To provide context and focus for areas pertinent to community engagement in higher education, the following is an expanded description of the sub-themes. Presenters should submit their abstracts based on one of the following sub-themes and indicating which multi-disciplinary area/s it falls under:
Research Driven Community Engagement is applied when academics work towards ensuring their knowledge generated through research is relevant to help solve problems faced by communities. In many instances, they work on this in collaboration with NGOs and Government Agencies. The principle that should be adhered to in this pursuit is that of knowledge exchange – as academics work with communities they cannot assume that they are the sole custodians of knowledge; they have just as much to learn from communities as they have to give. These partnerships are built on equality, respect and mutual trust. Each participant shares the responsibility to utilise their particular knowledge and expertise for the shared agenda – generating knowledge and to enhance the quality of life or other benefits for the community. What distinguishes research driven community engagement from other approaches, lies in these ethical considerations; that every partner is equal in the process and that the knowledge generated is to be disseminated among all. The outcomes of such collaborative research are perceived to be more justifiable and sustainable since there is a degree of ownership amongst all stakeholders and the results of the research can be directly applied for the benefit of the community.
Various studies have highlighted the importance employers ascribe to students’ high quality technical skills. Equally essential, is the finding that students should be equipped with soft skills, such as (intercultural) communication skills, critical thinking, team work and leadership and organisational skills. Engaged Higher Education Institutions are working collaboratively with other stakeholders to enhance their curriculum to provide opportunities for students to develop the above competencies, to increase their public responsibility and solve problems that face communities and thereby improve learning. In this context, Community Engaged Teaching and Learning enables students to learn from the real world whilst benefiting the community by applying their skills to address their needs.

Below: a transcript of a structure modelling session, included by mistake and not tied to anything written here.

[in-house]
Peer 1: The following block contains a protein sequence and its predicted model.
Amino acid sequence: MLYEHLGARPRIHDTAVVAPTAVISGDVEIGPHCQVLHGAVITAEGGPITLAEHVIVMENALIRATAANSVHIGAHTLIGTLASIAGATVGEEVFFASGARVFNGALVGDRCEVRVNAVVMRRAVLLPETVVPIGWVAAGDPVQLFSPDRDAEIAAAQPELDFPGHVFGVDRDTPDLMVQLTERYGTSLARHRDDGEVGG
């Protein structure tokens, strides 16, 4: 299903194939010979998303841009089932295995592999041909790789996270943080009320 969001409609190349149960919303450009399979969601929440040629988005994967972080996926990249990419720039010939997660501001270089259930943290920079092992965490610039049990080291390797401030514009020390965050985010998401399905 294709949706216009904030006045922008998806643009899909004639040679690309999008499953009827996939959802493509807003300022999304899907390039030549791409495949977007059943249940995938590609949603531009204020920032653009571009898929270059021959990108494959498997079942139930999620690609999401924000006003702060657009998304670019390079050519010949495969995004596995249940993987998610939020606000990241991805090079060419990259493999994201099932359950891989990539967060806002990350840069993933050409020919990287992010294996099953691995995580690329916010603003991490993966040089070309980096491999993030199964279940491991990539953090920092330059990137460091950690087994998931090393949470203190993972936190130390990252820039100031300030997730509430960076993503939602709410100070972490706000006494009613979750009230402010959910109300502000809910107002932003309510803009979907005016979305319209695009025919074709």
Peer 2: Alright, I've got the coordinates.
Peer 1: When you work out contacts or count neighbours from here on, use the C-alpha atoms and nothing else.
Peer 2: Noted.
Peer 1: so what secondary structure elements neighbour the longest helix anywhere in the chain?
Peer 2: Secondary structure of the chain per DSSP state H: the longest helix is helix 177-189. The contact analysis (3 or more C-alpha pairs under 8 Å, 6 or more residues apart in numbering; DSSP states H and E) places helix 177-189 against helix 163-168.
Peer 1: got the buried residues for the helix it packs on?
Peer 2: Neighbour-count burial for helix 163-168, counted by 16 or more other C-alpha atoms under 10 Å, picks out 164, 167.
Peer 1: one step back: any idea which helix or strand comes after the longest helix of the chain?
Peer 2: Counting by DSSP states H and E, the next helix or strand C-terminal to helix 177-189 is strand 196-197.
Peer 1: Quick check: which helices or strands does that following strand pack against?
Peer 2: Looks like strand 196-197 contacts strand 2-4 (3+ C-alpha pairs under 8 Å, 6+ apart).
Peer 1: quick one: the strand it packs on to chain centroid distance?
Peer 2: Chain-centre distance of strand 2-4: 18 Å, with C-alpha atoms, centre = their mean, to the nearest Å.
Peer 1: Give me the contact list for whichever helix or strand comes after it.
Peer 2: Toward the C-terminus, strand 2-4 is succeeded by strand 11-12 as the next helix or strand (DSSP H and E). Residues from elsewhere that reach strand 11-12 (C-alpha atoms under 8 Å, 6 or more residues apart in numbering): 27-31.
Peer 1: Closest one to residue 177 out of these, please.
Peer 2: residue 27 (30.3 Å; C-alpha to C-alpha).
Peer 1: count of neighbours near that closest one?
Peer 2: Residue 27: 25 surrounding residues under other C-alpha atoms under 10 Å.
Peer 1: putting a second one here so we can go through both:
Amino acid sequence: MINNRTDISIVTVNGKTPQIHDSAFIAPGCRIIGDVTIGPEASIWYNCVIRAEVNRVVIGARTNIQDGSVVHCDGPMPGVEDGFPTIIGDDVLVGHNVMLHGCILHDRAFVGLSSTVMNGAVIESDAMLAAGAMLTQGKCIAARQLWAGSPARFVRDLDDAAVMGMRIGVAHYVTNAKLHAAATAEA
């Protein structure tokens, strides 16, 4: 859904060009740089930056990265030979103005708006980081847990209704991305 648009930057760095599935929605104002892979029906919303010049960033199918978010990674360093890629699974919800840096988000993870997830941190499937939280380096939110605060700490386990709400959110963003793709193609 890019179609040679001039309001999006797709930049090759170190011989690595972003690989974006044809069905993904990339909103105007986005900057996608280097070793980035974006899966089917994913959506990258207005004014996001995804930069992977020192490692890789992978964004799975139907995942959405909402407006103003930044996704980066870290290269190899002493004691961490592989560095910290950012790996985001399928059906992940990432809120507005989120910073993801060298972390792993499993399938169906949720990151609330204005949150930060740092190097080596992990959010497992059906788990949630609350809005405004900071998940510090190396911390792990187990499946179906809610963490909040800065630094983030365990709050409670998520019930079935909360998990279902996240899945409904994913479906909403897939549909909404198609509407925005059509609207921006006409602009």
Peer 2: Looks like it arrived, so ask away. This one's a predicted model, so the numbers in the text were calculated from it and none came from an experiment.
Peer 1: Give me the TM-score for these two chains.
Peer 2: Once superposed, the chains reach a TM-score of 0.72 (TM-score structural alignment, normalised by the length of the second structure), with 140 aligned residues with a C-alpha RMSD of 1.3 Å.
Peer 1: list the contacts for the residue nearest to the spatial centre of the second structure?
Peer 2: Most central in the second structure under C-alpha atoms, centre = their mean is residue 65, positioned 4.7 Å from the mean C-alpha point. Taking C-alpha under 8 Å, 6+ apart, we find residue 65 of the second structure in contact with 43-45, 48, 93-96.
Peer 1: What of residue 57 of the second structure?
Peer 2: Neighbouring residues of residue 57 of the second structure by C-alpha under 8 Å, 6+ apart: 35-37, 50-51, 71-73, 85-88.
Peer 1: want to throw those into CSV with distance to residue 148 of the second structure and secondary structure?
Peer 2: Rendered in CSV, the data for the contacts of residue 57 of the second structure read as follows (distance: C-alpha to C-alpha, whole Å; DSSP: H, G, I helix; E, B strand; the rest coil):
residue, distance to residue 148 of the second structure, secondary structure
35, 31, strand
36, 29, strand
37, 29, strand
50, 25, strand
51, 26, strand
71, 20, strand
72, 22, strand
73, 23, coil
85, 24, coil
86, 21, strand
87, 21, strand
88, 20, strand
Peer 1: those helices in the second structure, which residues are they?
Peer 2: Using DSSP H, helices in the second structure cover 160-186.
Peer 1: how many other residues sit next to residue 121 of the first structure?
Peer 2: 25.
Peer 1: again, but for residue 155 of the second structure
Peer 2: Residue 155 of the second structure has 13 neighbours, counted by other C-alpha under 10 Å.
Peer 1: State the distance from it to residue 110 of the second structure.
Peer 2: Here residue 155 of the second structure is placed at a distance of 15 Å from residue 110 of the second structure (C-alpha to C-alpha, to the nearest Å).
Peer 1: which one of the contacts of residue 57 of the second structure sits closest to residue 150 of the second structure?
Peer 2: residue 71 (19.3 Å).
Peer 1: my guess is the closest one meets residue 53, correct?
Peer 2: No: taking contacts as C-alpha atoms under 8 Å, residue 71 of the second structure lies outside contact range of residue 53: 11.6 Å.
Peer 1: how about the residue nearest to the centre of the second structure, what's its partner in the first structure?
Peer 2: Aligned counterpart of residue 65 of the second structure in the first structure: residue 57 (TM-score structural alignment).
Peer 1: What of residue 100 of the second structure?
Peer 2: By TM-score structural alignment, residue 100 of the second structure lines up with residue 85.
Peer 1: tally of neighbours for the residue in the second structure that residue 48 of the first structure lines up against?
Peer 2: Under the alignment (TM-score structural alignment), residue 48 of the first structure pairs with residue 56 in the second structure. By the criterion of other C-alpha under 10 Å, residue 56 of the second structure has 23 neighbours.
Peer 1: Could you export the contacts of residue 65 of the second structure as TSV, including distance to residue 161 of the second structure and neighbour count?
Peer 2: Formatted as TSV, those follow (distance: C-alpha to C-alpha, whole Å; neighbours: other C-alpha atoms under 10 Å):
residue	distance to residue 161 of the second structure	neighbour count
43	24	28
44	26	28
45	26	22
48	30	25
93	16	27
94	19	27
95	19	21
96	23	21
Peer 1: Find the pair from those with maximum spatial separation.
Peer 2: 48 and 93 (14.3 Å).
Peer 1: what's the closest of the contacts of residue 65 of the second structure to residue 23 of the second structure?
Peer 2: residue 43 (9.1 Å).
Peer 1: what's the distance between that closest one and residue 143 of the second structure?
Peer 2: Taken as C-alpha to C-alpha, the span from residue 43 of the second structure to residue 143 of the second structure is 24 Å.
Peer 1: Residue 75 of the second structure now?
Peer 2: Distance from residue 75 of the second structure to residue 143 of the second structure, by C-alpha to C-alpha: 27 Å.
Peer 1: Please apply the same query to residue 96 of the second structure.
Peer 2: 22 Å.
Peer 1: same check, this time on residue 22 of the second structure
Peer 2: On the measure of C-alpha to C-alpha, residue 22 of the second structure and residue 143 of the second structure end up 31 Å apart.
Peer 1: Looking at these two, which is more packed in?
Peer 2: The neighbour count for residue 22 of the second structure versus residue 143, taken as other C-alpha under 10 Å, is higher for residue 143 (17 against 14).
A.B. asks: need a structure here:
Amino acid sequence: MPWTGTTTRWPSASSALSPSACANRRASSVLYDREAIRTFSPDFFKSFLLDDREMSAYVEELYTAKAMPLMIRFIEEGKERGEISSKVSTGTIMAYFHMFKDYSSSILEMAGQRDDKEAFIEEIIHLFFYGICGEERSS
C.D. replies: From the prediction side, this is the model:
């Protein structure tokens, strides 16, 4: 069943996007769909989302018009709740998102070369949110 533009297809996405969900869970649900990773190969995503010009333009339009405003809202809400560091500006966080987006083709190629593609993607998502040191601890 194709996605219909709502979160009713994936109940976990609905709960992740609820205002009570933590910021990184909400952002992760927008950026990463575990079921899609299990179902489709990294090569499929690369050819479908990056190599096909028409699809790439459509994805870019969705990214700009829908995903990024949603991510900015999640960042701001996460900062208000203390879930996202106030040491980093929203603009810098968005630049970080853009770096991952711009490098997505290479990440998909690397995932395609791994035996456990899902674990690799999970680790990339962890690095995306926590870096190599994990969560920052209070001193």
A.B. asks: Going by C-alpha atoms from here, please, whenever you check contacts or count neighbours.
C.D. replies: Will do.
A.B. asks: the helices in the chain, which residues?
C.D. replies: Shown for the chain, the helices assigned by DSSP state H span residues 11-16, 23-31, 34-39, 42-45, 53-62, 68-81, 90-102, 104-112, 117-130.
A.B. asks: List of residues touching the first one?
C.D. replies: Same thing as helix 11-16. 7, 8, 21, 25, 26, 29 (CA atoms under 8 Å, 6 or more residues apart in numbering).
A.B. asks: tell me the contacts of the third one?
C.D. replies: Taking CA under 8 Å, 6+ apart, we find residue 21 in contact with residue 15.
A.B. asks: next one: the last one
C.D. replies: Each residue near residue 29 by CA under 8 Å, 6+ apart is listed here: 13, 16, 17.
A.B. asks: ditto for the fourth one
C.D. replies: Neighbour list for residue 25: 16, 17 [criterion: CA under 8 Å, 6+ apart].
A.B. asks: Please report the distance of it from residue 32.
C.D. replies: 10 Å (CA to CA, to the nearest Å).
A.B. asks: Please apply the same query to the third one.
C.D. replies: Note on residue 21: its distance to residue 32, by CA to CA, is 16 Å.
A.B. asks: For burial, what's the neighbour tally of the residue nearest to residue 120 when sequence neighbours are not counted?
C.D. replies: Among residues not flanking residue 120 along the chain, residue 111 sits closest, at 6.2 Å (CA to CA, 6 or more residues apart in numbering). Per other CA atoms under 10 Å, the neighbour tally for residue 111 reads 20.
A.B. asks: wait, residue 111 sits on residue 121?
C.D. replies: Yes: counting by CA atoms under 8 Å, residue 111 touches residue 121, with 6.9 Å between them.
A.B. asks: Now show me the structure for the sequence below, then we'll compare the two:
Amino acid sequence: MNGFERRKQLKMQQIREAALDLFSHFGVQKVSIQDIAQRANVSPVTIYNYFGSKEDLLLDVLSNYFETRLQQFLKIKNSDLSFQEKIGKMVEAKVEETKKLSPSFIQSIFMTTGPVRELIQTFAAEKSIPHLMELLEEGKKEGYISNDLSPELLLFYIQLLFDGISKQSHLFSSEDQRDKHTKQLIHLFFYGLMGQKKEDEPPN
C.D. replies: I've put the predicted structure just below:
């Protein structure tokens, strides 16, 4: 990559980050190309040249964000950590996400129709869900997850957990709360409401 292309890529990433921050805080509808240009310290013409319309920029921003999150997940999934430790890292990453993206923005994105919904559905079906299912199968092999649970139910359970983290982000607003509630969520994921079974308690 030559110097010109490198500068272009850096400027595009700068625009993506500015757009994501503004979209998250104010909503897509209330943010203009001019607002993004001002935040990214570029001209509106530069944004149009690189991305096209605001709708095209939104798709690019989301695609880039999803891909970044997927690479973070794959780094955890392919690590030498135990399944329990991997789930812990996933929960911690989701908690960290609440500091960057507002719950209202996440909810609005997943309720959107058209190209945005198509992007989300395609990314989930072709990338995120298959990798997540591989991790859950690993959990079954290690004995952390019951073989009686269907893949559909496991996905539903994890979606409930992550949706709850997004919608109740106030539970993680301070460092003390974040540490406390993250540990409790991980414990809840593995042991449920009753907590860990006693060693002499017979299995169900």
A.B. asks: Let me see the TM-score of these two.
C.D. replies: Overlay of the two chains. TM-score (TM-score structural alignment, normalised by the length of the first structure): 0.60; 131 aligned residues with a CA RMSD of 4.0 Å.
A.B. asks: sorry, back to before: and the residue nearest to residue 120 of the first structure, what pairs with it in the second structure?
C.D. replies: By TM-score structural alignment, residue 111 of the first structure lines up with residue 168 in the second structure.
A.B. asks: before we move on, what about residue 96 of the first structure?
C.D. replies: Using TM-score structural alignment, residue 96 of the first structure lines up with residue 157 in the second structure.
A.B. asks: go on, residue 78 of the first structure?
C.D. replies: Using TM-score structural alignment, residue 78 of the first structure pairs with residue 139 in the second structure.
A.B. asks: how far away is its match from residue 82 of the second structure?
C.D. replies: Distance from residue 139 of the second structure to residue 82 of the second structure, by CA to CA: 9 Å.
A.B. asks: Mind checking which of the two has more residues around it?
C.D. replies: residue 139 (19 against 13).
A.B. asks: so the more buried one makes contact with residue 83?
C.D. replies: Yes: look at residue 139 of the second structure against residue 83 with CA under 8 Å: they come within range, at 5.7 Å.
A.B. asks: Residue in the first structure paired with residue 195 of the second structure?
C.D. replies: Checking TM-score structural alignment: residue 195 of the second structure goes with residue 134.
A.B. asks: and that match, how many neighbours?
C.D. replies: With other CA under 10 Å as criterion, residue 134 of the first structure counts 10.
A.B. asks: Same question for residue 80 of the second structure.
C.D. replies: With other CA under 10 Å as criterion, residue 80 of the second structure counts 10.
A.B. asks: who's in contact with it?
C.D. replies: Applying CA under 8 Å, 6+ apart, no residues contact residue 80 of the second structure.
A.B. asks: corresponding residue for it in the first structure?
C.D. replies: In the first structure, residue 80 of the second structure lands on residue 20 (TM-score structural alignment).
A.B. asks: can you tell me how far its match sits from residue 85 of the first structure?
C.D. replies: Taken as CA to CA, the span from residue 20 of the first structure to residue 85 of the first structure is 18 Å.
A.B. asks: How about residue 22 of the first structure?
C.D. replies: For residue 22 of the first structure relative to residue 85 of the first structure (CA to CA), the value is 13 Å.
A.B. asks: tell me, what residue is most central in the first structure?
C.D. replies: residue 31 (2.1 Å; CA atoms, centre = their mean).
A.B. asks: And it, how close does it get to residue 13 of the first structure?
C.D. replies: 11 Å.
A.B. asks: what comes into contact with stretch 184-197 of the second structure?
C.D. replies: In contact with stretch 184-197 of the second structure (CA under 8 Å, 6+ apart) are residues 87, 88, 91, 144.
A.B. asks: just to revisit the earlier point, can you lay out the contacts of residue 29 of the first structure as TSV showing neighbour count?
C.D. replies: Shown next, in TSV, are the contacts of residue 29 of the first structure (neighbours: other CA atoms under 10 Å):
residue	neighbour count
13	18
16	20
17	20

Two modalities of community engaged teaching and learning are most broadly used – the informal experiential learning which is commonly categorised as co-curriculum and the formal experiential community engaged teaching and learning. Formal community engaged teaching and learning pedagogies are focused on both academic learning outcomes and community service for mutual benefit. Whereas co-curricular activities are often well represented in higher education institutions, it is the formal experiential community engaged teaching and learning that appears to be challenging to mainstream into the curriculum. Sharing best practices and knowledge exchange can help to drive forward the development and the mainstreaming of these beneficial programmes.